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75

Generally favorable reviews - based on 39 Critics What's this?

User Score
7.1

Generally favorable reviews- based on 227 Ratings

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Score distribution:
  1. Positive: 33 out of 39
  2. Negative: 2 out of 39
  1. Reviewed by: Jordan Hoffman
    Feb 26, 2013
    91
    He’s taken what, on paper, boils down to an extra ridiculous episode of “Law and Order: Criminal Intent” and passes it off as high cinematic art.
  2. Reviewed by: Joe Morgenstern
    Feb 7, 2013
    90
    In another sense, though, everything is exactly what it seems, expertly crafted and cleverly compounded for high-dose entertainment.
  3. Reviewed by: Roger Ebert
    Feb 6, 2013
    88
    Imagine music for a sorcery-related plot and then dial it down to ominous forebodings. Without Thomas Newman's score, Side Effects would be a lesser film, even another film.
  4. Reviewed by: Drew Taylor
    Feb 3, 2013
    75
    The picture's conspiratorial late-night tone and fleshy after hours luridness was practically built for watching at night, when our parents think we've gone off to bed (think '80s films directed by folks like Adrian Lyne).
  5. Reviewed by: Rene Rodriguez
    Feb 8, 2013
    75
    The main thing to keep in mind while watching Steven Soderbergh’s thriller Side Effects is not to take the movie too seriously or else you’ll feel betrayed by the end.
  6. Reviewed by: Mick LaSalle
    Feb 7, 2013
    75
    It's a gripping, maddening and thoroughly satisfying thriller, made with artfulness and integrity. Soderbergh sees things in his actors and gets things from them that other directors don't.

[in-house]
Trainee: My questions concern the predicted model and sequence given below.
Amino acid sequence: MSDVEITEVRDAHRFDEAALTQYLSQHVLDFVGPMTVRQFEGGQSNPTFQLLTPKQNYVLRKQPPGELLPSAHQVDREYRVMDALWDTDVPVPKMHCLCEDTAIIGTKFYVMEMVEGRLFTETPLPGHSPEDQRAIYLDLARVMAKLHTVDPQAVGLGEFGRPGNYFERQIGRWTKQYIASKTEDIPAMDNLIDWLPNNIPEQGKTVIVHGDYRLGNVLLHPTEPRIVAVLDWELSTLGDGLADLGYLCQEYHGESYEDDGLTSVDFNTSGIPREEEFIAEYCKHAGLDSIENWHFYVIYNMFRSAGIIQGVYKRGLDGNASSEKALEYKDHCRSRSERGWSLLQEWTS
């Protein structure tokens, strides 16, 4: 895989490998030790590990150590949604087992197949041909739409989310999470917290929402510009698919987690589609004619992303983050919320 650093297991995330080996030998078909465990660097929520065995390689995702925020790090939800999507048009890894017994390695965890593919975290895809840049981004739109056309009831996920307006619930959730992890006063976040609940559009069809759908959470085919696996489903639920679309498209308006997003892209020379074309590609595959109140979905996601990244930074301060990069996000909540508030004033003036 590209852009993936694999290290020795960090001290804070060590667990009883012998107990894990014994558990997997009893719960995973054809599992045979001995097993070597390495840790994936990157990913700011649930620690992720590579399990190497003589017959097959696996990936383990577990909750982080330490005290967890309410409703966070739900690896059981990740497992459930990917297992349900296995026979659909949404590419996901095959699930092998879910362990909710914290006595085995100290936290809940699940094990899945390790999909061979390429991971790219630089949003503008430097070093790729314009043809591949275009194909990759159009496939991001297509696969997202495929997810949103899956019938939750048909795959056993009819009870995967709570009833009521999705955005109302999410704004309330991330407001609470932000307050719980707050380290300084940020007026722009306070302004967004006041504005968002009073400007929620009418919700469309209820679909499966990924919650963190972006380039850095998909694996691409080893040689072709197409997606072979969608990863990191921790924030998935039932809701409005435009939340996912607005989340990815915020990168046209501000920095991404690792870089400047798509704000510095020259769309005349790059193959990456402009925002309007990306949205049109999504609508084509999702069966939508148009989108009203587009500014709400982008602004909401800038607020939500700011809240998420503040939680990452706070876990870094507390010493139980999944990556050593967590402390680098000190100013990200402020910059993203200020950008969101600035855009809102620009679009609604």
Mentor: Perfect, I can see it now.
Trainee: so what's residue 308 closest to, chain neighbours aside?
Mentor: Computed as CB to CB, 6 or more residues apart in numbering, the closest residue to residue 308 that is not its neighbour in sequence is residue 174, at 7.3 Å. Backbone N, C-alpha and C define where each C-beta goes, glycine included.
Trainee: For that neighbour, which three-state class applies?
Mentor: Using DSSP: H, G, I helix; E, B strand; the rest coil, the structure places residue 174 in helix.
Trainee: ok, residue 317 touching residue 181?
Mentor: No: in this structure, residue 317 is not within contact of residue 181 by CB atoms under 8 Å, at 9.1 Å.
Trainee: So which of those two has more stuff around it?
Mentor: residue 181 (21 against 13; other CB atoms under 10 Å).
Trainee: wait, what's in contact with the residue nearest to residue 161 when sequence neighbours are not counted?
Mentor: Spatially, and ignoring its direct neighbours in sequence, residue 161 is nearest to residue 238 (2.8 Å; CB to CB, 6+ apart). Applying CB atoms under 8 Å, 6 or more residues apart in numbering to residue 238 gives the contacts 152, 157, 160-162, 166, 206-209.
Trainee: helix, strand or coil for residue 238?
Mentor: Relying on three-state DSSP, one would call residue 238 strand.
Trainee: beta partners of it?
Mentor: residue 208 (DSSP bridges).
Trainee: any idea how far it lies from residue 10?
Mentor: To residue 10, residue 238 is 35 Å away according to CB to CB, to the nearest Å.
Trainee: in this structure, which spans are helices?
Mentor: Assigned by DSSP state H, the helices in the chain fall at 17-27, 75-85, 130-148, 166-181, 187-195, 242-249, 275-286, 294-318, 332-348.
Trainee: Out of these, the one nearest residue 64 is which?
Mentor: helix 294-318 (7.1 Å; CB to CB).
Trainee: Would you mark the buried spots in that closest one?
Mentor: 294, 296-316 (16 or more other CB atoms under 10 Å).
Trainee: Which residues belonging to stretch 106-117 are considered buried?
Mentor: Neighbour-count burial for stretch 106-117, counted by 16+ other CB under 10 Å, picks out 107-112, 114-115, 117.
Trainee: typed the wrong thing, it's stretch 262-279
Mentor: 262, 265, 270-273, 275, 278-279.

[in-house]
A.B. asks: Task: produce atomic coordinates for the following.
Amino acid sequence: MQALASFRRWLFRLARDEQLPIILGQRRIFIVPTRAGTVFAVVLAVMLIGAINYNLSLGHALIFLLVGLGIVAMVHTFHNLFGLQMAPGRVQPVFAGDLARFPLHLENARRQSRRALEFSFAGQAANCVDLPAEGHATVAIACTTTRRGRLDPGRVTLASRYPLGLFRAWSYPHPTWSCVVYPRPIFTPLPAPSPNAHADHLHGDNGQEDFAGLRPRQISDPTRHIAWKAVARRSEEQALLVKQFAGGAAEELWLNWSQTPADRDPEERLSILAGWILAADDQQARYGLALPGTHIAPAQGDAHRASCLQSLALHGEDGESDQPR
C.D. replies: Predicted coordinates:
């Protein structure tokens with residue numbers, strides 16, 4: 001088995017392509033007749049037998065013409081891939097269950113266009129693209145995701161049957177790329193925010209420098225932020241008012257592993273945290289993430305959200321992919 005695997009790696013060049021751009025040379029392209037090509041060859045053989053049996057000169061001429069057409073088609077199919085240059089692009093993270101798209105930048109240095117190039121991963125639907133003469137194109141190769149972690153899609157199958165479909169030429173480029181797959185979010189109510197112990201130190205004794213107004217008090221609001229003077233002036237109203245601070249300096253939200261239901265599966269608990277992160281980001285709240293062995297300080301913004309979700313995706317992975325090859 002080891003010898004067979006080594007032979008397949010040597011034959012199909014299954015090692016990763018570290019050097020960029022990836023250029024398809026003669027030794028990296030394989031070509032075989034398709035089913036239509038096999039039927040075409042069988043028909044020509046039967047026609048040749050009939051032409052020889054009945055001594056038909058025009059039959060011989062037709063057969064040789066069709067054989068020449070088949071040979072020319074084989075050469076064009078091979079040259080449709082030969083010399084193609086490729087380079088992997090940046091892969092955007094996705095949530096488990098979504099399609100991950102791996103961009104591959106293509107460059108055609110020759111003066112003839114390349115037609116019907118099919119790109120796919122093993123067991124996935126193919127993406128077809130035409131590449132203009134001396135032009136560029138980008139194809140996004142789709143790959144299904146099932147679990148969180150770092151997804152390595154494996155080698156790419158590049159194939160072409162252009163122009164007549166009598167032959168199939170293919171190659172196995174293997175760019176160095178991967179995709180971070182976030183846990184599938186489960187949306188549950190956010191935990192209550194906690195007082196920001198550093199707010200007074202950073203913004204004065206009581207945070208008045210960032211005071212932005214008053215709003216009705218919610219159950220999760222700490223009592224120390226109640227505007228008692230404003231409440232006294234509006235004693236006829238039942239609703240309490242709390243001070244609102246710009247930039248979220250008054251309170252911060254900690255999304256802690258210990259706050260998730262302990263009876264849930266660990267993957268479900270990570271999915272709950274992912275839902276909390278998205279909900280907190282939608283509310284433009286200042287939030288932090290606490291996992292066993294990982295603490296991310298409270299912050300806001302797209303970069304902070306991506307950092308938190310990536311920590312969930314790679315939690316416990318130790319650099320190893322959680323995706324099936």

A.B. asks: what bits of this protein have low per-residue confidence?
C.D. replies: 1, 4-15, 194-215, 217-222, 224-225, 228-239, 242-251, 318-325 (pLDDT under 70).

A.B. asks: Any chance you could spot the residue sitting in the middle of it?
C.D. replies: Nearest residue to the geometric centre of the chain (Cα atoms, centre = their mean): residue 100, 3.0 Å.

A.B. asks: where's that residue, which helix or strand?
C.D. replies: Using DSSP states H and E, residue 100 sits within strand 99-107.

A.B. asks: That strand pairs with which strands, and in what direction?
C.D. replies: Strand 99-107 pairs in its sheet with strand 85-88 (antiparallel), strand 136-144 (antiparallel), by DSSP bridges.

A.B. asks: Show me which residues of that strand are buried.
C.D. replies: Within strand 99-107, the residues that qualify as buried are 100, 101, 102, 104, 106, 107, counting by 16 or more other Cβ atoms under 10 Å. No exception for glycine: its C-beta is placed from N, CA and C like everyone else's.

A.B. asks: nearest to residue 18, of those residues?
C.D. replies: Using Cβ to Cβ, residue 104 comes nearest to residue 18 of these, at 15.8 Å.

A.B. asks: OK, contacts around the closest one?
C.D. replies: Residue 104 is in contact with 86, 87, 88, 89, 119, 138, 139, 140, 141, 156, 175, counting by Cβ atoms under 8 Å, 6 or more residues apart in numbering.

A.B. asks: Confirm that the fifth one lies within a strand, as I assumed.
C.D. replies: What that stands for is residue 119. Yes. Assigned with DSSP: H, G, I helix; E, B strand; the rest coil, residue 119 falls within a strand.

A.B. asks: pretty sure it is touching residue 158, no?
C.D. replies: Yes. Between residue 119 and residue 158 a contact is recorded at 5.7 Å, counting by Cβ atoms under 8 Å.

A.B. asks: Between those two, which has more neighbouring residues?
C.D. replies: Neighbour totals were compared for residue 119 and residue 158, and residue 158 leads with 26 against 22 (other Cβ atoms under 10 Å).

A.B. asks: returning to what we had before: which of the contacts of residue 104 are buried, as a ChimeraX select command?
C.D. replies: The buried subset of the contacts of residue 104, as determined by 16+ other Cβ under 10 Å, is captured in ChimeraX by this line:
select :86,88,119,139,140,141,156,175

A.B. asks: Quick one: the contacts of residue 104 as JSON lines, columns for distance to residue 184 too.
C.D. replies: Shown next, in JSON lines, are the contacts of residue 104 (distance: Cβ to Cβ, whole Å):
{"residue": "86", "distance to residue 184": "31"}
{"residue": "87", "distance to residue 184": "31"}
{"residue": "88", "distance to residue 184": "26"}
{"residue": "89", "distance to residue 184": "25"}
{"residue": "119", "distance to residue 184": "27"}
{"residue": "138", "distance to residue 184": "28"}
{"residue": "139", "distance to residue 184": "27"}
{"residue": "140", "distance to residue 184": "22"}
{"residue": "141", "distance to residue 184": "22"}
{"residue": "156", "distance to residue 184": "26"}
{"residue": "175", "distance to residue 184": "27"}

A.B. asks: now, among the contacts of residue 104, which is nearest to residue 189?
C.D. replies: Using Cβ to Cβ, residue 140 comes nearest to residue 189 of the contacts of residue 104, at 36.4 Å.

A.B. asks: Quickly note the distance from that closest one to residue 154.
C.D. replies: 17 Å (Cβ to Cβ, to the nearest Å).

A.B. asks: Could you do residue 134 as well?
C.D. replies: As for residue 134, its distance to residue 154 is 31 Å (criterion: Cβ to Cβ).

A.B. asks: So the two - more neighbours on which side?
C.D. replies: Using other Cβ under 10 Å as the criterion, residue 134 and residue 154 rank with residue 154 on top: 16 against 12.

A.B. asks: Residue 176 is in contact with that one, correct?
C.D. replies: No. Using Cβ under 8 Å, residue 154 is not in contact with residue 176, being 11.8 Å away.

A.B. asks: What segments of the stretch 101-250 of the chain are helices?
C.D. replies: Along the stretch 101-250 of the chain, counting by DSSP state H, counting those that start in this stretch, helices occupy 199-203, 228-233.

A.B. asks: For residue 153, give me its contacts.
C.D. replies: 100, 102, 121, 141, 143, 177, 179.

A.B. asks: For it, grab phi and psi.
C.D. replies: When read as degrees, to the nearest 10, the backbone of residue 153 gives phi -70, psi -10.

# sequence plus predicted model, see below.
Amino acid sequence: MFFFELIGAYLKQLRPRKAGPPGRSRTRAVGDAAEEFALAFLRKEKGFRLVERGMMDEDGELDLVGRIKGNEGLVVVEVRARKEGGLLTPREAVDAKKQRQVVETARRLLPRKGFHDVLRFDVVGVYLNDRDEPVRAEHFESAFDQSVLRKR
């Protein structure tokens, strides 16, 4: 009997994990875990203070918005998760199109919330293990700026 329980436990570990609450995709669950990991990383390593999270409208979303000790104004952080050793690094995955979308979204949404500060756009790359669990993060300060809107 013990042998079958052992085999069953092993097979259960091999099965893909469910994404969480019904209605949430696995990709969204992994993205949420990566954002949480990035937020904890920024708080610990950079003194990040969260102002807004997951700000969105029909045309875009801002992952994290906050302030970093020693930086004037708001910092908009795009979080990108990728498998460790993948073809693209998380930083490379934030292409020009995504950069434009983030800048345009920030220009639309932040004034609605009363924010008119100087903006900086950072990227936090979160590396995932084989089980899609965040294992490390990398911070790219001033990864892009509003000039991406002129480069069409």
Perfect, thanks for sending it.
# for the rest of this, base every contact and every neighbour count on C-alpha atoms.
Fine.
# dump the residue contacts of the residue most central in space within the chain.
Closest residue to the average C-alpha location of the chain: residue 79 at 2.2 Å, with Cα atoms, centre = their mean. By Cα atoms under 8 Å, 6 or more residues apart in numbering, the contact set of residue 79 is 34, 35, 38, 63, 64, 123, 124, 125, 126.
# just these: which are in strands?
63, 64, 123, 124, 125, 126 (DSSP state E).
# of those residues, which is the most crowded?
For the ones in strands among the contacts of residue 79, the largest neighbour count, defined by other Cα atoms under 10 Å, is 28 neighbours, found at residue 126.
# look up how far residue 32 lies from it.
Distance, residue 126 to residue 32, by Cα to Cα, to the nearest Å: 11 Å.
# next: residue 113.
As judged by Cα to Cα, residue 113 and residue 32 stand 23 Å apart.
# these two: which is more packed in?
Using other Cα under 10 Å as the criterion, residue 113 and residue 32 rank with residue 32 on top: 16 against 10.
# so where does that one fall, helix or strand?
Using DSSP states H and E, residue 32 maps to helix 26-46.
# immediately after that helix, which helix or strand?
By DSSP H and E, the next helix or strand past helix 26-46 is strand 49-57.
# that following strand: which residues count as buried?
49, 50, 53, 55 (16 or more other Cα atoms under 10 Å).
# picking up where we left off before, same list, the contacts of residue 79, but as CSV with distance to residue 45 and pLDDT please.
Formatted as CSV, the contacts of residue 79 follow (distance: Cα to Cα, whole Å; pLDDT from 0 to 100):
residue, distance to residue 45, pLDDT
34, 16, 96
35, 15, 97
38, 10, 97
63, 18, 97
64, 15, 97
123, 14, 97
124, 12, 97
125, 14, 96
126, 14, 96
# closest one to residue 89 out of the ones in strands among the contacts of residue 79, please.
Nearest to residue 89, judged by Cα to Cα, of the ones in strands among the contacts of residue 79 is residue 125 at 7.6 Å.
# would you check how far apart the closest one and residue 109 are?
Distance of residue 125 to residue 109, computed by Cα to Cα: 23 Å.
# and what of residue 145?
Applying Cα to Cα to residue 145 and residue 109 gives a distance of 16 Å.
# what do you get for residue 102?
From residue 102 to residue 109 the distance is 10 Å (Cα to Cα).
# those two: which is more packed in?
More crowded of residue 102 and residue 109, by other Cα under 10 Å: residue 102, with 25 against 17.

7. Reviewed by: Rex Reed
    Feb 6, 2013
    25
    What it turns out to be is a preposterous puzzle that fails every test under scrutiny, leaving the spectator with a “Huh?” that is meant to be uttered only while chewing gum.

See all 39 Critic Reviews

Score distribution:
  1. Positive: 53 out of 72
  2. Negative: 5 out of 72
  1. May 11, 2013
    10
    What a great way to go out with the best movie of 2013 I've seen so far. I loved the slowly unraveling serpentine plot that had us thinking it was an expose on Big Pharma and then it twisted in a totally different direction. Great acting too. A modern thriller classic. Expand
  2. Jun 2, 2013
    9
    A story with many twists and turns that hooked me from the start. I really thought that Jude Law gave one of his best performances in years and along with Rooney Mara this film is well put together. Expand
  3. Feb 9, 2013
    8
    Does anyone here know that big pharma brings in more money than all of Hollywood put together. I have to say this movie had me fooled. My mind was like a sunflower standing in the wind as the movie would blow one direction and then start gusting the other way. It was quite refreshing actually. All the actors did a good convincing job which is so important in this type of film. Channing Tatum's acting skills are improving with every appearance. Collapse